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again, this obsession with diversity for its own sake, this obsession with racial balance in schools, when i think the real focus should be on creating enough quality schools to meet the needs for them. we have high quality public school models in new york city that the mayor refuses to replicate. those are charter schools, public charter schools. they do an excellent job of getting kids into these gifted and talented programs, but he has no interest in replicating those models because the teachers' unions are opposed to charter schools a because many of the teachers aren't unionized. paul: and the attack on charters continues across the country, california, new york. the democratic party's really turned hard, elements of it, against charters. >> i think that's right. several years ago you saw arne duncan who was the education secretary in the obama administration, even president obama, you know, come out really support charters, and now, you know, the moderate democrats are much more humid on this issue.
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you don't have a strong voice in the democratic party for this even though most polls show a large majority of hispanics and blacks support charters. paul: do you see any way that turns back, jason? >> it's going to be tough. in 2018 a lot of governors, a lot of democratic state legislatures were created and, again, the unions -- we see more teacher strikes around the country. the school reform movement really has its work cut out. paul: all right, thank you. when we come back, an oklahoma judge to orders johnson & johnson to pay $572 million for its role in the opioid epidemic. why the ruling could have far larger and more dangerous consequences. let's be honest, you need insurance. but it's not really something you want to buy. it's not sexy... oh delicious. or delicious... or fun. ♪ but since you need both car and home insurance, why not bundle them with esurance and save up to 10%.
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week ordered johnson & johnson to pay $572 million for its role in the opioid crisis, siding with state attorney general mike hunter who claimed that the drugmaker aggressively marketed opioids to doctors while repeatedly downplaying the risks of addiction. those sales practice, the state argued, led to an oversupply of the painkillers and created a public nuisance. a legal argument and ruling that could have far-reaching and maybe dangerous consequences. we're back with our panel. allysia, you wrote critically about this ruling, why? >> for one, johnson & johnson's products only make up 1% of the market in oklahoma and nationally. they produced a crush-resistant pill as well as a fentanyl patch. these are not things, these are not products that can be easily abused by, you know, people using drugs. and first of all, they also have to be prescribed by doctors,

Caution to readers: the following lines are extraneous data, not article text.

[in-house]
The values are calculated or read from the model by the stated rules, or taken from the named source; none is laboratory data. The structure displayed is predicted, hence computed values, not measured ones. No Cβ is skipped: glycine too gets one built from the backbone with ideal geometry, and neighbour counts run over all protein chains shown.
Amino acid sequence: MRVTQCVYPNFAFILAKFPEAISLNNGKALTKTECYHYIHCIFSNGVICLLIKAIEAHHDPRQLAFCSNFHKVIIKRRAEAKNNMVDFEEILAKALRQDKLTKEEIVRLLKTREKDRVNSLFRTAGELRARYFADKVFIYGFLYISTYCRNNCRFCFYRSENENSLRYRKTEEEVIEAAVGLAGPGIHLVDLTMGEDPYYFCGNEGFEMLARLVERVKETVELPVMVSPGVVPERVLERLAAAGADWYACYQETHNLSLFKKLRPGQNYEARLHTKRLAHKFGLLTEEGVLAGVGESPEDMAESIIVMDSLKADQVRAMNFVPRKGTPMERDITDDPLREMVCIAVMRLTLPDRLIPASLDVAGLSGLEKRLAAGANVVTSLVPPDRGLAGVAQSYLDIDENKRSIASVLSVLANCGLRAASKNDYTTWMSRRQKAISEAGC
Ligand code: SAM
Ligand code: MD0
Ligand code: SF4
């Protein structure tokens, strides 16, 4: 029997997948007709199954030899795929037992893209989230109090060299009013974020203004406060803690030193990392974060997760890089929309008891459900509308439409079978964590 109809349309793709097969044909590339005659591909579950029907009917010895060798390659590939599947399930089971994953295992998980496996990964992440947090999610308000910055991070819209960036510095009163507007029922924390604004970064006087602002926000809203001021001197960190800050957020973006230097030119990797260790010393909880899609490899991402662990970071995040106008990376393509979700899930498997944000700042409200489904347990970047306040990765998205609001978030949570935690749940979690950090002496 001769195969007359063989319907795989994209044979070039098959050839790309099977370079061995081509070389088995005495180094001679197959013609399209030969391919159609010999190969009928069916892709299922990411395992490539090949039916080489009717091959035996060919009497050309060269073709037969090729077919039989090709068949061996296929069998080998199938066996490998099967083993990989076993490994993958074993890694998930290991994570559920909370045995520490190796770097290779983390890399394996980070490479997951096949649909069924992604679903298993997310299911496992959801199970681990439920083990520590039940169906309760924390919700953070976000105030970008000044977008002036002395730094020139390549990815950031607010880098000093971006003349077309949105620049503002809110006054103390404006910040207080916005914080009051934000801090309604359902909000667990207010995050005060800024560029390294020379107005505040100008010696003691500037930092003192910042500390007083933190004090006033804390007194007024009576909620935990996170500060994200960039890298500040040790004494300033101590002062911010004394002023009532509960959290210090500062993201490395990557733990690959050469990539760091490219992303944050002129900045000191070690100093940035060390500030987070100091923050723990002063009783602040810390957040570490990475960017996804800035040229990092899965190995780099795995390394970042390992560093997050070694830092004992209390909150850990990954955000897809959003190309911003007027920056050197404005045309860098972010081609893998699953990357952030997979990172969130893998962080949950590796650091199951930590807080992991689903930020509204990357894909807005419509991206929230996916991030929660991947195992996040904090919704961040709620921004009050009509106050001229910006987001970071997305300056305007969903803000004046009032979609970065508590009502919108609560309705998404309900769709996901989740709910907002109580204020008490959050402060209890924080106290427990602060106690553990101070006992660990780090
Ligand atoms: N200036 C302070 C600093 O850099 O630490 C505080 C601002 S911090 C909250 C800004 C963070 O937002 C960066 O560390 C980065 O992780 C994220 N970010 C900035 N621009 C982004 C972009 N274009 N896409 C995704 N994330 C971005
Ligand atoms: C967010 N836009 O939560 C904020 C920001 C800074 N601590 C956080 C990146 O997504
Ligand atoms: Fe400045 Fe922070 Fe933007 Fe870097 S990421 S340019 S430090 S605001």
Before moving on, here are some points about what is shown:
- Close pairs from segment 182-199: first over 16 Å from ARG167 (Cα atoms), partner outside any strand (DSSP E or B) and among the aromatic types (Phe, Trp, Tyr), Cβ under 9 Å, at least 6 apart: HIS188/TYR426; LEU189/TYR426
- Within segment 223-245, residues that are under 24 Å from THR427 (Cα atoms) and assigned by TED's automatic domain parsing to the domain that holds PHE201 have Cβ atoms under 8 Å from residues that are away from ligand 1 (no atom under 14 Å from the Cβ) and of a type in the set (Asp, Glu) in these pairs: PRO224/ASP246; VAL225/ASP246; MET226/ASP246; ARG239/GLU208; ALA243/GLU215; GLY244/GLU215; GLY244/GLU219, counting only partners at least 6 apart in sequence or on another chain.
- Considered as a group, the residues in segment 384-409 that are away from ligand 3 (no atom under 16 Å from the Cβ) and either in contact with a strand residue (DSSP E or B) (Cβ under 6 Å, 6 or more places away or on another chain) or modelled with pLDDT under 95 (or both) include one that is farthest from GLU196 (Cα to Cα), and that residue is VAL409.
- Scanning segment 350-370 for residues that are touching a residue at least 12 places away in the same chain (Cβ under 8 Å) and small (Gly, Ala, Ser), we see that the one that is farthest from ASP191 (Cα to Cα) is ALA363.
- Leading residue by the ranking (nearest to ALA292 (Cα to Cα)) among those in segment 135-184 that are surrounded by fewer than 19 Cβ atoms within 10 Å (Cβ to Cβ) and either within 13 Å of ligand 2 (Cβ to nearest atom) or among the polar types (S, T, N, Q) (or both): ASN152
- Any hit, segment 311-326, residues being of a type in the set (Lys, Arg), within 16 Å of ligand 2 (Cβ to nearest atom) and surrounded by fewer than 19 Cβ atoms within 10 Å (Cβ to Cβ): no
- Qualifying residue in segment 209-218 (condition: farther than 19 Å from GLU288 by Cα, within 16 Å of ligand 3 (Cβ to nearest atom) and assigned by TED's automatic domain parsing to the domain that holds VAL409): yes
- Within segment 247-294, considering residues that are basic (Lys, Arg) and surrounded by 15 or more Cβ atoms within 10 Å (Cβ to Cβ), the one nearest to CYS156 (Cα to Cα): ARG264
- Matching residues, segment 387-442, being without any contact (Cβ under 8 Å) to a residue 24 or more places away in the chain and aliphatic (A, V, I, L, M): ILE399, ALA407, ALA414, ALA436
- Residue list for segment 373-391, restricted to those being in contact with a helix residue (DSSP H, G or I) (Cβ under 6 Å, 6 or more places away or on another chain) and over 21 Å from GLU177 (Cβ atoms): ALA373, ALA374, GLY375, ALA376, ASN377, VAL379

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they have to be provided by government-licensed pharmacies. they were not, the a.g. was not able to show that johnson & johnson did anything illegal, let alone criminal here. paul: so did he even try to show what you would call a line of causation from their manufacturer, distribution, marketing to doctors and then on to patients that you would normally have to establish for product liability? >> no. they basically dodged around most product liability by using this, quote-unquote, public nuisance law, by saying this created a public nuisance. usually public nuisance relates to property -- paul: you're playing your music too loud. >> yeah. maybe pollution. but now what you're seeing is a.g.s have been trying to expand liability under public nuisance laws to including climate change because it's much easier to get a much bigger